Responding to a question at his press conference yesterday, President George W. Bush showed that he was vaguely aware that the timetable is, as Robert Dreyfuss says (in Truthout, July 7), a “big deal.” Bush even alluded haltingly to the possibility of extending the UN mandate still further.
But it is far from clear that Maliki, who is under great domestic pressure, would be able to sell that to the various factions upon which he depends for support, much less to those which he must keep at bay. As Dreyfuss points out, Maliki and his Shiite allies are also under considerable pressure from Iran, which remains the chief ally of the ruling alliance of Shiites. Most important, Maliki is by no means in control of what happens next.
Here’s where it gets sticky. No one who knows about third rails in US politics would expect the candidates or the fawning corporate media (FCM) to address how those now running Israel are likely to be looking at the implications of a large US troop withdrawal from Iraq next year.…Continue reading
July 13, 2008
By FRANK RICH
We know what a criminal White House looks like from “The Final Days” Bob Woodward and Carl Bernstein’s classic account of Richard Nixon’s unraveling. The cauldron of lies, paranoia and illegal surveillance boiled over, until it was finally every man for himself as desperate courtiers scrambled to save their reputations and, in a few patriotic instances, their country.
“The Final Days” was published in 1976, two years after Nixon abdicated in disgrace. With the Bush presidency, no journalist (or turncoat White House memoirist) is waiting for the corpse to be carted away. The latest and perhaps most chilling example arrives this week from Jane Mayer of The New Yorker, long a relentless journalist on the war-on-terror torture beat. Her book “The Dark Side” connects the dots of her own past reporting and that of her top-tier colleagues (including James Risen and Scott Shane of The New York Times) to portray a White House that, like its prototype, savaged its enemies within almost as ferociously as it did the Constitution.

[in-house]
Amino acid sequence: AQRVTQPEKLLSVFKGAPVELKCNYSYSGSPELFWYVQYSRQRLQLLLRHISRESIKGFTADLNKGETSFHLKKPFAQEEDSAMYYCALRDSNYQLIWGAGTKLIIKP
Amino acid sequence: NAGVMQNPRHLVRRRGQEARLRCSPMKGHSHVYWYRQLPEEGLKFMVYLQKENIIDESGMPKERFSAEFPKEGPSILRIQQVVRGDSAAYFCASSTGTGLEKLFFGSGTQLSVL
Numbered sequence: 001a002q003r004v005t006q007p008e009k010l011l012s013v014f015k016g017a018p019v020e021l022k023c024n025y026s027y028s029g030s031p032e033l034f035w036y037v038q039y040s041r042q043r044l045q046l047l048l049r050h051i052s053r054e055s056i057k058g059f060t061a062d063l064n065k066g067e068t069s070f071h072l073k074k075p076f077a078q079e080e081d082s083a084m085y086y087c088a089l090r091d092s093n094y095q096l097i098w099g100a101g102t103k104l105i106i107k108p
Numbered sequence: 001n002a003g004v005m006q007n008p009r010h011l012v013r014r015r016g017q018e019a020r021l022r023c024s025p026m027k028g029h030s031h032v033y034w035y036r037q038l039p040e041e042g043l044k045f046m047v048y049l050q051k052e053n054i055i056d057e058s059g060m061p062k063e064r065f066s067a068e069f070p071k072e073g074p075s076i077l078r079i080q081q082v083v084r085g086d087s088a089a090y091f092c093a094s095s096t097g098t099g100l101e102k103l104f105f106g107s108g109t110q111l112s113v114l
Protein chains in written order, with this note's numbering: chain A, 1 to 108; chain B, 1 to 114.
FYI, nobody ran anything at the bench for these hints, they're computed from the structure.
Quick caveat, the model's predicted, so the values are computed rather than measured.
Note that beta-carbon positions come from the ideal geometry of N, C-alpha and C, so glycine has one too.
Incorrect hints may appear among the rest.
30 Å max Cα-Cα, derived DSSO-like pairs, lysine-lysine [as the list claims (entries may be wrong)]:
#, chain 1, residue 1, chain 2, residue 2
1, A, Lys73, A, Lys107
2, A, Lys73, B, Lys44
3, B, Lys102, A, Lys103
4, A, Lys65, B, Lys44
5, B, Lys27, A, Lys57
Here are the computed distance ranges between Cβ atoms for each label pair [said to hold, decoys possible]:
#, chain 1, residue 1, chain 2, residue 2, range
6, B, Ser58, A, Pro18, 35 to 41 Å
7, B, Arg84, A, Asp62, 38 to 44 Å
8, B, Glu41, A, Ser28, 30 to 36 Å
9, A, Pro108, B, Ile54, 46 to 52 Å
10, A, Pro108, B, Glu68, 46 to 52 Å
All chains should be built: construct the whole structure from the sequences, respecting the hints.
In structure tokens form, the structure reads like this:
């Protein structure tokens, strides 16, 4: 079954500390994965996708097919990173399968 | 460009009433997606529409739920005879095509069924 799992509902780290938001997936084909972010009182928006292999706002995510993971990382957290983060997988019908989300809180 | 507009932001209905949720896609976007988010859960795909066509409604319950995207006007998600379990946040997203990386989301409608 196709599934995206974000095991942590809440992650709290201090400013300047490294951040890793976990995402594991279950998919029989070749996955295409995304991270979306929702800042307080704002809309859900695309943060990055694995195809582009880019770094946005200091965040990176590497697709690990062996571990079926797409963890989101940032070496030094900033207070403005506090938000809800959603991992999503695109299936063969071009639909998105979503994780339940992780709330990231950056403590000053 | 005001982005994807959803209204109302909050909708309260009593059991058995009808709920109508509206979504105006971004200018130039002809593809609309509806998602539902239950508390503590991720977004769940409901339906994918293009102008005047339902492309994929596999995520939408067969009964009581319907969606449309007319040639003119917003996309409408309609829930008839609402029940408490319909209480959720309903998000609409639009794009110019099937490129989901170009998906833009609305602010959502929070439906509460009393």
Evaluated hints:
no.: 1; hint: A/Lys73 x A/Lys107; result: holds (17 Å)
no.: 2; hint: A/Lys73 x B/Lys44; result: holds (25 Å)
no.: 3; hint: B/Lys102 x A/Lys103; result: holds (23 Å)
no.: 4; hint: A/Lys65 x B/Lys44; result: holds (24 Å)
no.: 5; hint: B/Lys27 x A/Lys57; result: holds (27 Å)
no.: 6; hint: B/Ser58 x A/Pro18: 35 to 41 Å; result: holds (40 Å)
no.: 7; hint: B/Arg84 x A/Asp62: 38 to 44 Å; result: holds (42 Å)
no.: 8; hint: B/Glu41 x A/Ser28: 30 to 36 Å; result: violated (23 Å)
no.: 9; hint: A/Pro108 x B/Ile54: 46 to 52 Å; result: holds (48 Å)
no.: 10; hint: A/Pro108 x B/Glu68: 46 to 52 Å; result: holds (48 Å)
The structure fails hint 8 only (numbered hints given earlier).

Some of “The Dark Side” seems right out of “The Final Days” minus Nixon’s operatic boozing and weeping. We learn, for instance, that in 2004 two conservative Republican Justice Department officials had become “so paranoid” that “they actually thought they might be in physical danger.” The fear of being wiretapped by their own peers drove them to speak in code.
The men were John Ashcroft’s deputy attorney general, James Comey, and an assistant… Continue reading
While the US media obsesses on delegates, superdelegates and whether or not Hillary Clinton is using math formulae hallowed by MSNBC, we learn that US interrogators used snakes to torture prisoners (that’s right, PentaPost –torture, not ‘interrogate’ and prisoners, not ‘detainees’) at Guantánamo Bay – while the FBI watched.
By Lori Price
21 May 2008
Today, we learned form NEWS.com.au, an Australian news and information site, that US interrogators – at least on one occasion – used a snake (in addition to military dogs and pornography) on prisoners at Guantánamo Bay. We also discovered that “[Australian detainee Mamdouh] Habib alleged that ‘Mike’ a private-contract interrogator with Lockheed Martin, had hit him during an interrogation.” Further, we discovered that, ”of the more than 450 FBI agents who served at Guantánamo… almost half ‘observed or heard about various rough or aggressive treatment of detainees, primarily by military interrogators’.”
Snakes used in interrogation sessions?! This is Nazi tactics territory, folks – using our dollars and under our name! I don’t care about Democratic superdelegate totals or nomination math formulae. The US media is using the election itself as a distraction for war crimes that are being carried out in our name, every day!
Lest we forget: U.S. Has Detained 2,500 Juveniles as Enemy Combatants 16 May 2008 The United States has imprisoned approximately 2,500 people younger than 18 as illegal enemy combatants in Iraq, Afghanistan and Guantánamo Bay since 2002, according to a report filed by the Bush regime with the… Continue reading